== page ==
Takashi Murakami at Museum of Contemporary Art Chicago
Takashi Murakami is an artist whose multilayered articulations and buoyancy as an artist does not come at the price of his identity as a Japanese artist but in fact draws from his Japanese self; from his heritage and tradition and history, intermingled with a western sensibility, which he has learned through an immersion in cultural contemporaneity. A panoptic exhibition “The Octopus Eats its Own Leg” curated by Michael Darling at the Museum of Contemporary Art Chicago is a fantastic show that brings to light the depth, breadth and sheer sensuous pleasure of Murakami’s art and references the extraordinary octopus who may eat one of its tentacle to keep alive in the knowledge that it will regenerate a limb if necessary. Murakami hints at times in the artist’s career when ideas begin to run dry and they must cannibalize their own notions and conceptions to keep their art alive.
Murakami’s retrospective enunciates a phenomenon that many diasporic artists and artists out of the mainstream of western culture today grapple with: the extent to which they can ‘use’ inferences and traditions from their culture without seeming like they’ve exploited it for the purpose of exoticizing their art, to draw the attention of western artists, critics and curators and then amalgamate it with contemporary iconography or ideas . But Murakami’s art is seamless and he flows between boundaries of Japanese culture and the West as fluidly as a coursing river. But that is because Murakami incorporated Western pop culture into his practice with great gusto and entirely unapologetically, reveling in its kitsch and enjoying its commercial aspects. His admiration for Kanye West, one of America’s most prominent rap artists led him to design Kanye’s album cover Graduation. His disregard for classifications of high and low art compelled him to collaborate with Vans shoes and Louis Vuitton for a line of bags.
At the outset of his career Murakami drew from the traditions of Nihonga painting an age-old Japanese art practice in which he has a Phd, utilizing painting on washi or paper with mineral pigments. But if Nihonga gave him his opening, it did not satisfy his quest for diversity. He was apparently upset when a student told him he did not have a handle on color and could not manipulate the color palette. It is remarkable to see today what Murakami has done with color. Anyone without an innate sense of handling color could not possibly have brought together such a profusion of colors without a cacophonic screech on the senses.
Murakami draws from the prevalent Japanese culture of otaku, which refers to young people obsessive about computers and social media or anime and manga. It was perhaps this idea that led him to create Mr DOB a cartoon character that has a Mickey Mouse look combined with Sonic the Hedgehog and Doraemon, but as Murakami says is also meant to look like him. The DOB is not an acronym for anything, and nor does it mean much but is used by Murakami in many situations as a mascot for his ongoing practice. Mr DOB can be a cute and funny or bizarre and grotesque, even menacing, depending on what role Murakami wants him achieve at a particular time.
Murakami is also responsible for creating a movement that he calls ‘Superflat’. He says in an interview “I’d been thinking about the reality of Japanese drawing and painting and how it is different from Western art. What is important in Japanese art is the feeling of flatness. Our culture doesn’t have 3-D.” Michael Darling describes Superflat as “a superficial gloss that covers contemporary society” in which “distinctions between high and low, new and old, original and derivative are flattened.” It represents a picture plane crowded with figures of people and dragons and mythical creatures as well as figures from Pop culture and anime of his own making. Like traditional Japanese painting, there is a flatness about the works; there is no shading no, inference, no shadows — instead a flat, poster-like, brilliant, jewel-like transcendental picture that encapsulates his concepts and narratives which are sometimes religious and other times secular,’ sometimes utopian and other times dystopian. All these binaries of traditionalism and contemporaneity merge on Murakami’s gargantuan scale (one of his paintings 100 Arhats from 2013 is approximately10 ft by 32 ft) without dissipating their heightened tension or super-charged vitality. The works are mostly acrylic on canvas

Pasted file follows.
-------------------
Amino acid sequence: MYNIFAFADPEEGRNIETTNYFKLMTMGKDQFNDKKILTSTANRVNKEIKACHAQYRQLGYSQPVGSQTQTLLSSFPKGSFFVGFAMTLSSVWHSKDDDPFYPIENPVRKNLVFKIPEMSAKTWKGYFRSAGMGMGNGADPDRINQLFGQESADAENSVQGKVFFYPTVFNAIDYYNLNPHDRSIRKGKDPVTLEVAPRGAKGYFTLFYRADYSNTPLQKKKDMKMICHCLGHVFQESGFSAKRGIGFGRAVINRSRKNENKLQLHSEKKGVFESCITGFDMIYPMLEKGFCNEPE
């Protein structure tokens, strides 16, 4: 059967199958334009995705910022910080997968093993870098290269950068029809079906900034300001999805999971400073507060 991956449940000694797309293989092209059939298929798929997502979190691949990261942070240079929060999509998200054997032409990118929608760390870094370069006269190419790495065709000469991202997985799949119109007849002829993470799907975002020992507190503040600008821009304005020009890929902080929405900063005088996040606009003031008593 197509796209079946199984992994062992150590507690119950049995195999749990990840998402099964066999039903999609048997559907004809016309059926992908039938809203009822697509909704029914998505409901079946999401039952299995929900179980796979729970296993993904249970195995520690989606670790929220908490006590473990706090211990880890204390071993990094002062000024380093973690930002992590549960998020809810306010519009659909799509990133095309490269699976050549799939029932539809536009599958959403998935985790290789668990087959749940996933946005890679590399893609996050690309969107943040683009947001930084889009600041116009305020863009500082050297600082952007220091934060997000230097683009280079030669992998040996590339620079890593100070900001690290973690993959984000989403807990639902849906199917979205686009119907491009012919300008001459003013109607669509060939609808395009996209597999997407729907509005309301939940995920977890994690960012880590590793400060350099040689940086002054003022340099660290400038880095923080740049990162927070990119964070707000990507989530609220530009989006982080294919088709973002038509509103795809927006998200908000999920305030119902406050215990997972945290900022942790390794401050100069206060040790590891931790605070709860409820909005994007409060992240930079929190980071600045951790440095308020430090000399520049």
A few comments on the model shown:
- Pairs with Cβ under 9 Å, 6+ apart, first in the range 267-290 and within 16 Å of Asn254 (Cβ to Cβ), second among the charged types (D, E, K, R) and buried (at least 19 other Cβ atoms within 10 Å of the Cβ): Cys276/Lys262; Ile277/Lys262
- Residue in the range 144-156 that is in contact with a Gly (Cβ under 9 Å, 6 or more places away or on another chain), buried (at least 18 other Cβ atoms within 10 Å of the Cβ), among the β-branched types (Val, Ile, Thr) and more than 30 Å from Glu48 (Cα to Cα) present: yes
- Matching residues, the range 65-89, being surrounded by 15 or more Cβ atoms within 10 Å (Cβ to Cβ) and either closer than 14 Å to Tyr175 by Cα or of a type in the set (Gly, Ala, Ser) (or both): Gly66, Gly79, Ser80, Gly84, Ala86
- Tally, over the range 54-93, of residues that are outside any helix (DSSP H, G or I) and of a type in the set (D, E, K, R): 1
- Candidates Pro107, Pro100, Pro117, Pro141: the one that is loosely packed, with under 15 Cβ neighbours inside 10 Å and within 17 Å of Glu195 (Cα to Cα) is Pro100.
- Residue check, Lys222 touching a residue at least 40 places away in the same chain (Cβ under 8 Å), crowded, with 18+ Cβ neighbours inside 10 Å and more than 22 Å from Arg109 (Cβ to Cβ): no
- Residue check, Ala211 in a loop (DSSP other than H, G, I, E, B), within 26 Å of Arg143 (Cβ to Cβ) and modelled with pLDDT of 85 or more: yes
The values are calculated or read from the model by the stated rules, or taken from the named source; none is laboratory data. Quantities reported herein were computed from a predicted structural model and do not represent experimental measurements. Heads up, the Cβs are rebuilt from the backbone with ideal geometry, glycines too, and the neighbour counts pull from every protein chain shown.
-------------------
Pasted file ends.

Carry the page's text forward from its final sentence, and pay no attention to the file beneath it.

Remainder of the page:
The deadly earthquake in Japan in 2011 that also triggered a tsunami and devastatingly enough led to a level 7 nuclear meltdown of the Fukushima Daiichi Nuclear Power Plant deeply affected Murakami as it did many millions of Japanese. He created paintings of Arhats, starting with 69 Arts, then 100 and then the largest with 500 Arhats. Arhats refer to Buddhists disciples although Murakami felt they could serve a secondary purpose and travel throughout Japan spreading solace to the people of Japan after the earthquake along with their customary practice of spreading the teachings of Buddha. There is a sadness and trauma in these paintings —that are almost like Gandhara murals — yet the brilliance of the color and the detail in the paintings are invigorating and take away from the melancholic wretchedness of the thought.
Murakami is amongst the few artists who allows the audience to participate in the process of his art making. He frequently posts progress of his artworks on Instagram and says he has no qualms about hiding his work for fear of appropriation or even criticism. In fact he says “if someone could do it better than me, more kudos to them” (paraphrased from talk at MCA Chicago).